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SimpleX network: private message routing, v5.8 released with IP address protection and chat themes

Published: June 4, 2024

What's new in v5.8:

Also, we added Persian interface language to the Android and desktop apps, thanks to our users and Weblate.

Private message routing

What's the problem?

SimpleX network design has always been focussed on protecting user identity on the messaging protocol level - there is no user profile identifiers of any kind in the protocol design, not even random numbers or cryptographic keys.

Until this release though, SimpleX network had no built-in protection of user transport identities - IP addresses. As previously the users could only choose which messaging relays to use to receive messages, these relays could observe the IP addresses of the senders, and if these relays were controlled by the recipients, the recipients themselves could observe them too - either by modifying server code or simply by tracking all connecting IP addresses.

To work around this limitation, many users connected to SimpleX network relays via Tor or VPN - so that the recipients' relays could not observe IP addresses of the users when they send messages. Still, it was the most important and the most criticized limitation of SimpleX network for the users.

Why didn't we just embed Tor in the app?

Tor is the best transport overlay network in existence, and it provides network anonymity for millions of Internet users.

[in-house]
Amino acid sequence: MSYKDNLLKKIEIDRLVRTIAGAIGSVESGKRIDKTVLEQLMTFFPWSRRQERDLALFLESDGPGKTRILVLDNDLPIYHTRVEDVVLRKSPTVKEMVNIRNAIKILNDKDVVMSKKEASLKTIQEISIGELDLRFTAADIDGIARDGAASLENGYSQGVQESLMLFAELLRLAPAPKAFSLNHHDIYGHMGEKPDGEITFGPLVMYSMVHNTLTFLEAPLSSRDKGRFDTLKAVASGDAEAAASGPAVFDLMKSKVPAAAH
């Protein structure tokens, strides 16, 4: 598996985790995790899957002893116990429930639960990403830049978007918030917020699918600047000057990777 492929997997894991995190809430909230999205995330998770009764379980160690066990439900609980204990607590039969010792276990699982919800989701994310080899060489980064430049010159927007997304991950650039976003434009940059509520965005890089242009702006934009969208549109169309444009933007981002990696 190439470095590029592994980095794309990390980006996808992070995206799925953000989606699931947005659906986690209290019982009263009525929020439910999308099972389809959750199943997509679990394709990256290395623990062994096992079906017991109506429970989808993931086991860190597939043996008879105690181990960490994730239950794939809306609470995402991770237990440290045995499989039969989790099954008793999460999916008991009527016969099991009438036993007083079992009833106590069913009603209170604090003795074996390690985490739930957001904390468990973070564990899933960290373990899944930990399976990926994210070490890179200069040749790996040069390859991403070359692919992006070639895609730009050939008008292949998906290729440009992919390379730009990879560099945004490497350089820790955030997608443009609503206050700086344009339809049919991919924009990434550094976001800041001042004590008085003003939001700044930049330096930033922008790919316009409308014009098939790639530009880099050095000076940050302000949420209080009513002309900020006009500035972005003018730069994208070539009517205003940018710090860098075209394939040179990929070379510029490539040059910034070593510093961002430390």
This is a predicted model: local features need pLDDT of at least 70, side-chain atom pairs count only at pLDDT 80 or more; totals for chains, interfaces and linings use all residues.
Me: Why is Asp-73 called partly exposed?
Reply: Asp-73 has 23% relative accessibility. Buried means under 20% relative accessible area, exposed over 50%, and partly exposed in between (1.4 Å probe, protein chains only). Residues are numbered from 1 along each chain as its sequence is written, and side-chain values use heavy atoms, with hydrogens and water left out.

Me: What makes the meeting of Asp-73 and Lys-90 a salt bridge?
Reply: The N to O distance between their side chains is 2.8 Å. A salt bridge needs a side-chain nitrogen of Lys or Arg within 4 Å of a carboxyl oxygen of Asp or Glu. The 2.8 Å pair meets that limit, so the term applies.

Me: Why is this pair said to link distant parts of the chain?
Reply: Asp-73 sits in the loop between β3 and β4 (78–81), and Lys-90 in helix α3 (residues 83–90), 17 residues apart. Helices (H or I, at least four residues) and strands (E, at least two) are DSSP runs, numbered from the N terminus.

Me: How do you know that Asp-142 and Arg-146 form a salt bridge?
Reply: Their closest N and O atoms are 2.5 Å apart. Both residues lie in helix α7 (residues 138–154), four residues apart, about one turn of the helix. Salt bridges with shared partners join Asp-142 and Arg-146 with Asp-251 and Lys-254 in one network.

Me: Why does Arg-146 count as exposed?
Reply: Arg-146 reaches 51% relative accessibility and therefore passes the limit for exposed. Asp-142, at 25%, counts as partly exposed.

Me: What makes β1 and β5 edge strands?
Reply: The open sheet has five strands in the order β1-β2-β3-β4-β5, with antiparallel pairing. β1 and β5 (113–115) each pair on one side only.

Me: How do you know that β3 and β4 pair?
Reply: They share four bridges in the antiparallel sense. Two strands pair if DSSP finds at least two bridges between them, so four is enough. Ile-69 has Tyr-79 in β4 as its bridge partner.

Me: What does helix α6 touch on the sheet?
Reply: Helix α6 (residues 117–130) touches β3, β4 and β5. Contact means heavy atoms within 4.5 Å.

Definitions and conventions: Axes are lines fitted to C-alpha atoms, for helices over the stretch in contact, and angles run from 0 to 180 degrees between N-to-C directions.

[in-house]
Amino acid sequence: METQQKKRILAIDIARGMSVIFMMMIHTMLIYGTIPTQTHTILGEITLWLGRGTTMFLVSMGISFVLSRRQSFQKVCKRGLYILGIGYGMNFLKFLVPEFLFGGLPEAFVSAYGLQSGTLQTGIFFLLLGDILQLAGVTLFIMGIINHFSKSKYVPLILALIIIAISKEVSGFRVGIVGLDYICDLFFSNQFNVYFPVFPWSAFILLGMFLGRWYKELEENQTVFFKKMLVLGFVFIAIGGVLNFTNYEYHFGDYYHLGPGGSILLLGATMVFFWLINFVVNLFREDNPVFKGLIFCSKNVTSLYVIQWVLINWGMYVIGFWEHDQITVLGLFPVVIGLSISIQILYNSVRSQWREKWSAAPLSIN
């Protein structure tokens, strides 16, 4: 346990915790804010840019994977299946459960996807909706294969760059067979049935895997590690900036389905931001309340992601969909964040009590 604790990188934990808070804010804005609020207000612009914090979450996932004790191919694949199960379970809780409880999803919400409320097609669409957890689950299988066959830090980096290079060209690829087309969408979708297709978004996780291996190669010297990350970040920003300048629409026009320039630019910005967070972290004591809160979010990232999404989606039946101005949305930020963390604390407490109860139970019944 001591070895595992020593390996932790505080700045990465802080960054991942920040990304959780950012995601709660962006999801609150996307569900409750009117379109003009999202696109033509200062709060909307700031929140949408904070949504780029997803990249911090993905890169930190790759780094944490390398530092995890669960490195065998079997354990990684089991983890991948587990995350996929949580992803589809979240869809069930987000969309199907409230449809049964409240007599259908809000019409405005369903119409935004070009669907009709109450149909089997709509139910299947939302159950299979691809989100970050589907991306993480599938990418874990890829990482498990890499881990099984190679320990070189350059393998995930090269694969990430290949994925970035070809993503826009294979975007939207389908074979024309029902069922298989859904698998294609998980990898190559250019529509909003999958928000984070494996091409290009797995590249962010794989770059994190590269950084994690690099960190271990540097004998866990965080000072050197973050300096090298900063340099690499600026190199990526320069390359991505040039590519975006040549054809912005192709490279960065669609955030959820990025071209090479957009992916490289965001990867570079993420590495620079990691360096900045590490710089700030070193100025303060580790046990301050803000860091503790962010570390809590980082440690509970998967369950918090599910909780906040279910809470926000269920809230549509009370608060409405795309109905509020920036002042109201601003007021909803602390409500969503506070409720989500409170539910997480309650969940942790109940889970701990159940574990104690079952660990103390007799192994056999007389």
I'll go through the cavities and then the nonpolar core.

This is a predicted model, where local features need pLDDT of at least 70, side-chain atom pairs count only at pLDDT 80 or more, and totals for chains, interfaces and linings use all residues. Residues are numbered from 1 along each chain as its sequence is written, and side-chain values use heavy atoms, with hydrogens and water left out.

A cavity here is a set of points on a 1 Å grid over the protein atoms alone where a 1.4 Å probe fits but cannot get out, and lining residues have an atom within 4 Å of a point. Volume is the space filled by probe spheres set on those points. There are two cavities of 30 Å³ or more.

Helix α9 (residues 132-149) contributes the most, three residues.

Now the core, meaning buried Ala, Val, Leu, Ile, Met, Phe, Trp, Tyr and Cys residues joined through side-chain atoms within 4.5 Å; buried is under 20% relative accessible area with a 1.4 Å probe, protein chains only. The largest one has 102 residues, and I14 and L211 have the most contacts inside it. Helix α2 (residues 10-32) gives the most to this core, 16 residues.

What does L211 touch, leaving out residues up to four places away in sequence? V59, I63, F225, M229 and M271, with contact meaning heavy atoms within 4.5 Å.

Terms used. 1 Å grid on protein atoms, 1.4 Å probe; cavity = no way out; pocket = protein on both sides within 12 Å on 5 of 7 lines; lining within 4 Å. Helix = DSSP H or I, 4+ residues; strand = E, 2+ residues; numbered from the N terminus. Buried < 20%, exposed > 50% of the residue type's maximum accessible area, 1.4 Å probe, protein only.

SimpleX Chat has many integration points with Tor:

Many SimpleX network design ideas are borrowed from Tor network design:

So why didn't we just embed Tor into the messaging clients to provide IP address protection?

We believe that Tor may be the wrong solution for some users for one of the reasons:

Also, while Tor solves the problem of IP address protection, it doesn't solve the problem of meta-data correlation by user's transport session. When the client connects to the messaging relays via Tor, the relays can still observe which messaging queues a user sends messages to via a single TCP connection. The client can mitigate it with per-contact transport isolation, but it uses too much traffic and battery for most users.

So we believed we would create more value to the users of SimpleX network with private message routing. This new message routing protocol provides IP address and transport session protection out of the box, once released. It can also be extended to support delayed delivery and other functions, improving both usability and transport privacy in the future.

At the same time, we plan to continue supporting Tor and other overlay networks. Any overlay network that supports SOCKS proxy with "isolate-by-auth" feature will work with SimpleX Chat app.

What is private message routing and how does it work?